Press statement: Newly updated MUTCD doesn’t go far enough to protect pedestrians

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Washington, D.C. (Dec. 20) — Yesterday, the Federal Highway Administration (FHWA) released the 11th Edition of the Manual on Uniform Traffic Control Devices (MUTCD), a document “that governs how traffic control devices communicate the design intent to the road user to safely and efficiently navigate the roadway system.” Smart Growth America and Transportation for America are glad to see FHWA include more considerations for people outside of a personal automobile and provide additional flexibility for practitioners. However, in the face of historic rates of roadway fatalities, especially pedestrian fatalities, incremental improvements are a lackluster response.

Beth Osborne, Vice President of Transportation and Thriving Communities at Smart Growth America, released the following statement:

“This update to the MUTCD did respond to some of our requests, particularly allowing transportation agencies to paint red bus-only lanes and green bike lanes. There are also long-awaited updates that could have positive impacts, such as new considerations before setting the speed limit at the 85th percentile speed and making it a little easier to justify new crosswalks.

“However, this falls short of the kind of major paradigm shift required to protect vulnerable users at a time when the United States leads the developed world in roadway fatalities. For example, while transportation agencies must consider context and the users of a road before setting speed limits at the 85th percentile speed, they may still do so even if that causes dangerous conditions. The document also indicates great concern about color and designs in crosswalks that would better draw a driver’s attention to those areas, including a misguided fear that pedestrians might actually stand in traffic to look at those colors and designs.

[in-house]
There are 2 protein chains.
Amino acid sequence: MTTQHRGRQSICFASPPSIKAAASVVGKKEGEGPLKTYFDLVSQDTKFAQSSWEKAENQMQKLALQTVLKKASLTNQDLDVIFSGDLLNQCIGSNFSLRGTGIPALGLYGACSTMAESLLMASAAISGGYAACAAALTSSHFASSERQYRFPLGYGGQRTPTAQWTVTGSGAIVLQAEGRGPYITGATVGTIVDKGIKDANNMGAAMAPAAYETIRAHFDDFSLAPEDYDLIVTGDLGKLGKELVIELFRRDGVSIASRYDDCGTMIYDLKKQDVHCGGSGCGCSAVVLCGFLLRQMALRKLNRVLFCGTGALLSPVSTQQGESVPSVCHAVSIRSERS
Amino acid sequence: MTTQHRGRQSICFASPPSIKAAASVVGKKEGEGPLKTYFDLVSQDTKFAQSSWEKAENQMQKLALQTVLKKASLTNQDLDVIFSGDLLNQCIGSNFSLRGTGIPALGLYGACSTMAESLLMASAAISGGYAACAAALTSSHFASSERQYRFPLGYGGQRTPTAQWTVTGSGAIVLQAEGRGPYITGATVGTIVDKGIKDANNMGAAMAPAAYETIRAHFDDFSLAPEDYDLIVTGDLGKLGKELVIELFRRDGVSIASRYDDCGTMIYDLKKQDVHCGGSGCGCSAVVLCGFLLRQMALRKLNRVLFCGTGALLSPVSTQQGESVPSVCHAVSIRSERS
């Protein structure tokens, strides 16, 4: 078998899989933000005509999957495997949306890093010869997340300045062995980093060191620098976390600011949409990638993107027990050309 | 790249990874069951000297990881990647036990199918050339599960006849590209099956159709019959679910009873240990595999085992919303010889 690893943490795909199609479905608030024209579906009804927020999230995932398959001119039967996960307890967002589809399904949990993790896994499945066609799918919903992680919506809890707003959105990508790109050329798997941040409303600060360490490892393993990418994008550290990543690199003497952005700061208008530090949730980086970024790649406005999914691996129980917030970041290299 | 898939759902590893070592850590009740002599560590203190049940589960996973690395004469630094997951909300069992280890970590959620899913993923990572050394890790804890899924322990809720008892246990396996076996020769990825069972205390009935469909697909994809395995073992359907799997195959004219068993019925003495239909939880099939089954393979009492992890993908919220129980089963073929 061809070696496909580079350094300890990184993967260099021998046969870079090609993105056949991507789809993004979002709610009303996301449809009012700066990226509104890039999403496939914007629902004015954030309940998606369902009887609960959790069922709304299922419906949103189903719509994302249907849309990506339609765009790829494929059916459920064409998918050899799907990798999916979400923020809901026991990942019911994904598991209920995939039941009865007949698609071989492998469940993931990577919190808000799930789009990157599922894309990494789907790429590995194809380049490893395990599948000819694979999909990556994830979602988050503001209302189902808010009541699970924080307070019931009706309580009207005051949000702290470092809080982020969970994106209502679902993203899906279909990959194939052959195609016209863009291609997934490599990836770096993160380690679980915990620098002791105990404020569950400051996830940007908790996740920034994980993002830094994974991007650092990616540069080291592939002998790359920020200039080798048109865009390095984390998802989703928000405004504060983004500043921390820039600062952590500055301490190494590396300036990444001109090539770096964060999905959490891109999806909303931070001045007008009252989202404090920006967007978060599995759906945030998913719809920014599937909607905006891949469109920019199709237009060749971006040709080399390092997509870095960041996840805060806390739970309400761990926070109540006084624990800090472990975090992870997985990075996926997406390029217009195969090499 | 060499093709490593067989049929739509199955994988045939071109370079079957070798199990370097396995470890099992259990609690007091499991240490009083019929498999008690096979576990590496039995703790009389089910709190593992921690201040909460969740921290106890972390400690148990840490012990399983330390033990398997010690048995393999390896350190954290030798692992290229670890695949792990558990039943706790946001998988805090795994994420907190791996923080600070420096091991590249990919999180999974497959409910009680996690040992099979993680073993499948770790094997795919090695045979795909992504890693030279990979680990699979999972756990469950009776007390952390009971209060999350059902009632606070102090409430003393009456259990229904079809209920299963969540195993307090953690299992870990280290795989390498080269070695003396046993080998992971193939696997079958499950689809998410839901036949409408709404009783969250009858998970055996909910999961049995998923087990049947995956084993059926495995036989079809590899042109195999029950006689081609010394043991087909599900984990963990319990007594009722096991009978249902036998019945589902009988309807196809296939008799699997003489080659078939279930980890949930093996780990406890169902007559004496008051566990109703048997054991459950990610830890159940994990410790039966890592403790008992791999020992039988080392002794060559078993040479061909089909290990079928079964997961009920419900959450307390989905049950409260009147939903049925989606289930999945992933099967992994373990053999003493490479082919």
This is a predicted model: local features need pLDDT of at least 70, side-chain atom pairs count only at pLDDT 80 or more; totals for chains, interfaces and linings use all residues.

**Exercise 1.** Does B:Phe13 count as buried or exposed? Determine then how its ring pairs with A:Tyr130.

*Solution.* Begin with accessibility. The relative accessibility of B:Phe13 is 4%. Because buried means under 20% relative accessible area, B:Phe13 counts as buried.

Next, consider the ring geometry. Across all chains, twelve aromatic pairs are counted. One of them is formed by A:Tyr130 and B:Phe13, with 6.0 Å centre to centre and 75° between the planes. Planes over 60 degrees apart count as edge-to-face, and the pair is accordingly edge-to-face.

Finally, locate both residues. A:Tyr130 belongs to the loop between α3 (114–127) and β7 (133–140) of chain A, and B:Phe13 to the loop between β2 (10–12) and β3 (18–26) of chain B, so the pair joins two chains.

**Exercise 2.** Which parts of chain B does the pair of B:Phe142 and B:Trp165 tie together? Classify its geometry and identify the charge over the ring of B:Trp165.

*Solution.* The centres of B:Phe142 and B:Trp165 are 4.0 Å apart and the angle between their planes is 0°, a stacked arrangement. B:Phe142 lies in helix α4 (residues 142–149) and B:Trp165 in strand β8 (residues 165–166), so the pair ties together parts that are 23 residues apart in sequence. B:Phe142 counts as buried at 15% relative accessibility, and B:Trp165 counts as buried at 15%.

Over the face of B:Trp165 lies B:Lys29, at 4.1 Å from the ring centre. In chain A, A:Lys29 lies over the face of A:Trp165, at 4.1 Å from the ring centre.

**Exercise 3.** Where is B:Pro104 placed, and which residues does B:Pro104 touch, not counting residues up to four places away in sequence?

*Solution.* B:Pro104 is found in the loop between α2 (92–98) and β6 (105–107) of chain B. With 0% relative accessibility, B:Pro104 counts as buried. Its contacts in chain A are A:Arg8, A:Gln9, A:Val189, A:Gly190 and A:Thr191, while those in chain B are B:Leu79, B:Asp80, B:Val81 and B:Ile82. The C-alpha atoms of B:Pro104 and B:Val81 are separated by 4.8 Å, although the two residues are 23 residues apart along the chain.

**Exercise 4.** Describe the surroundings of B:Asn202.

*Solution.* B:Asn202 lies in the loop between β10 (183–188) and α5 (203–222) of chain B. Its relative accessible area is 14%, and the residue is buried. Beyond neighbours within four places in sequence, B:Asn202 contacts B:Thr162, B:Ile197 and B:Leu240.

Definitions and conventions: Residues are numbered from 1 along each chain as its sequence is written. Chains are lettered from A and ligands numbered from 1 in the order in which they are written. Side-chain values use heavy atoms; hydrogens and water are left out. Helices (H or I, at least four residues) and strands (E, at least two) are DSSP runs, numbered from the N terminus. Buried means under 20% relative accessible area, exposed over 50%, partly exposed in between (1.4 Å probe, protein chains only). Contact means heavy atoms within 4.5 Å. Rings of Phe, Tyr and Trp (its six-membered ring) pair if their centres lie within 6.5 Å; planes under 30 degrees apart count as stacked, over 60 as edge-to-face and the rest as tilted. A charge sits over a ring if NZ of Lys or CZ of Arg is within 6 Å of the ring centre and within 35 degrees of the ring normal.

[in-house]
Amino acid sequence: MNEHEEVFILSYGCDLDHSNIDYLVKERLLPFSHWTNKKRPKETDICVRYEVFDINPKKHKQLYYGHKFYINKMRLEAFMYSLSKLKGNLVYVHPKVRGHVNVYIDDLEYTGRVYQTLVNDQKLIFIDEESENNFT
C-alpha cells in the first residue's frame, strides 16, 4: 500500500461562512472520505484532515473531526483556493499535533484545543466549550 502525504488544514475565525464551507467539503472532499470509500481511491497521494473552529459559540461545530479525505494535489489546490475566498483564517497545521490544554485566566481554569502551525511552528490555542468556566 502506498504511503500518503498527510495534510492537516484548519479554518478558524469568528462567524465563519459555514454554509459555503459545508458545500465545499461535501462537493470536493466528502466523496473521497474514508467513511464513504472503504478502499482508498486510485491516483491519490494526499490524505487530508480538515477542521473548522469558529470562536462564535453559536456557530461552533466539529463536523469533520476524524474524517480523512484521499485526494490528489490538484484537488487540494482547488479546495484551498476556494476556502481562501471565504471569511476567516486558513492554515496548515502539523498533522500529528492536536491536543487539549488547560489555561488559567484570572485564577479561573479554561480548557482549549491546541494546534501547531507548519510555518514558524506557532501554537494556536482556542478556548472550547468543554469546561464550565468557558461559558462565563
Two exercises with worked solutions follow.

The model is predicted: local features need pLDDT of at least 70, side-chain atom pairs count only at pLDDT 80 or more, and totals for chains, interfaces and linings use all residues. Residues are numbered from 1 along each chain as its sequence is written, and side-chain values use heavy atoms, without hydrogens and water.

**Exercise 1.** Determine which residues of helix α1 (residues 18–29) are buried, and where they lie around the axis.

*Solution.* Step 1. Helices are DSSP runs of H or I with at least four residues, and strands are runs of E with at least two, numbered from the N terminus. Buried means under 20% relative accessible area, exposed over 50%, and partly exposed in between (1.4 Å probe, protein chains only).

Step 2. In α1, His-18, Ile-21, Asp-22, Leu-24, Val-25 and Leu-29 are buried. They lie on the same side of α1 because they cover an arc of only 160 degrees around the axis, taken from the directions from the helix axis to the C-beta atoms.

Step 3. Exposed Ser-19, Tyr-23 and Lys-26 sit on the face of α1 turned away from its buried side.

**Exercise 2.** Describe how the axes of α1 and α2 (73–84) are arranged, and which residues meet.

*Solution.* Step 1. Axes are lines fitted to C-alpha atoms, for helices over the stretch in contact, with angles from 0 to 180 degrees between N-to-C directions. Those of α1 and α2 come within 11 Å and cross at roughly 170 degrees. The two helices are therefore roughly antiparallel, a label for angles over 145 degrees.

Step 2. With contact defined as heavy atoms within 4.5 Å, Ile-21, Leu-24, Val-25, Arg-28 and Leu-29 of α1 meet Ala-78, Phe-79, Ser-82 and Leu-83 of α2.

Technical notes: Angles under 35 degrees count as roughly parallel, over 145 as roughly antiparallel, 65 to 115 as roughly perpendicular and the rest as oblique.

“Some of FHWA’s trepidation around innovation may come from a misunderstanding of how agencies use manuals like this. In our direct technical assistance programs, the MUTCD is cited as a barrier to many common-sense safety interventions in almost every state DOT. New flexibility often goes underutilized for lack of clear and strict guidance. That is because engineers understand the status quo while the flexible option requires an engineer to create something new, something most overworked agency engineers do not have time to do. Even when they do, their general council usually cautions against trying new things because flexibility does not come with the same legal coverage as a standard.

“To achieve safer streets, we stand behind FHWA’s goal to make the MUTCD a living document and look forward to continued partnership to align their intentions with results. To that end, we call upon the FHWA to improve data collection and implement a feedback loop that allows amendments to the current MUTCD as soon as 2024 to prevent more avoidable deaths. We commit to working with FHWA to modernize the MUTCD and with Complete Streets champions in their efforts to make streets safe for everyone.”

 


 

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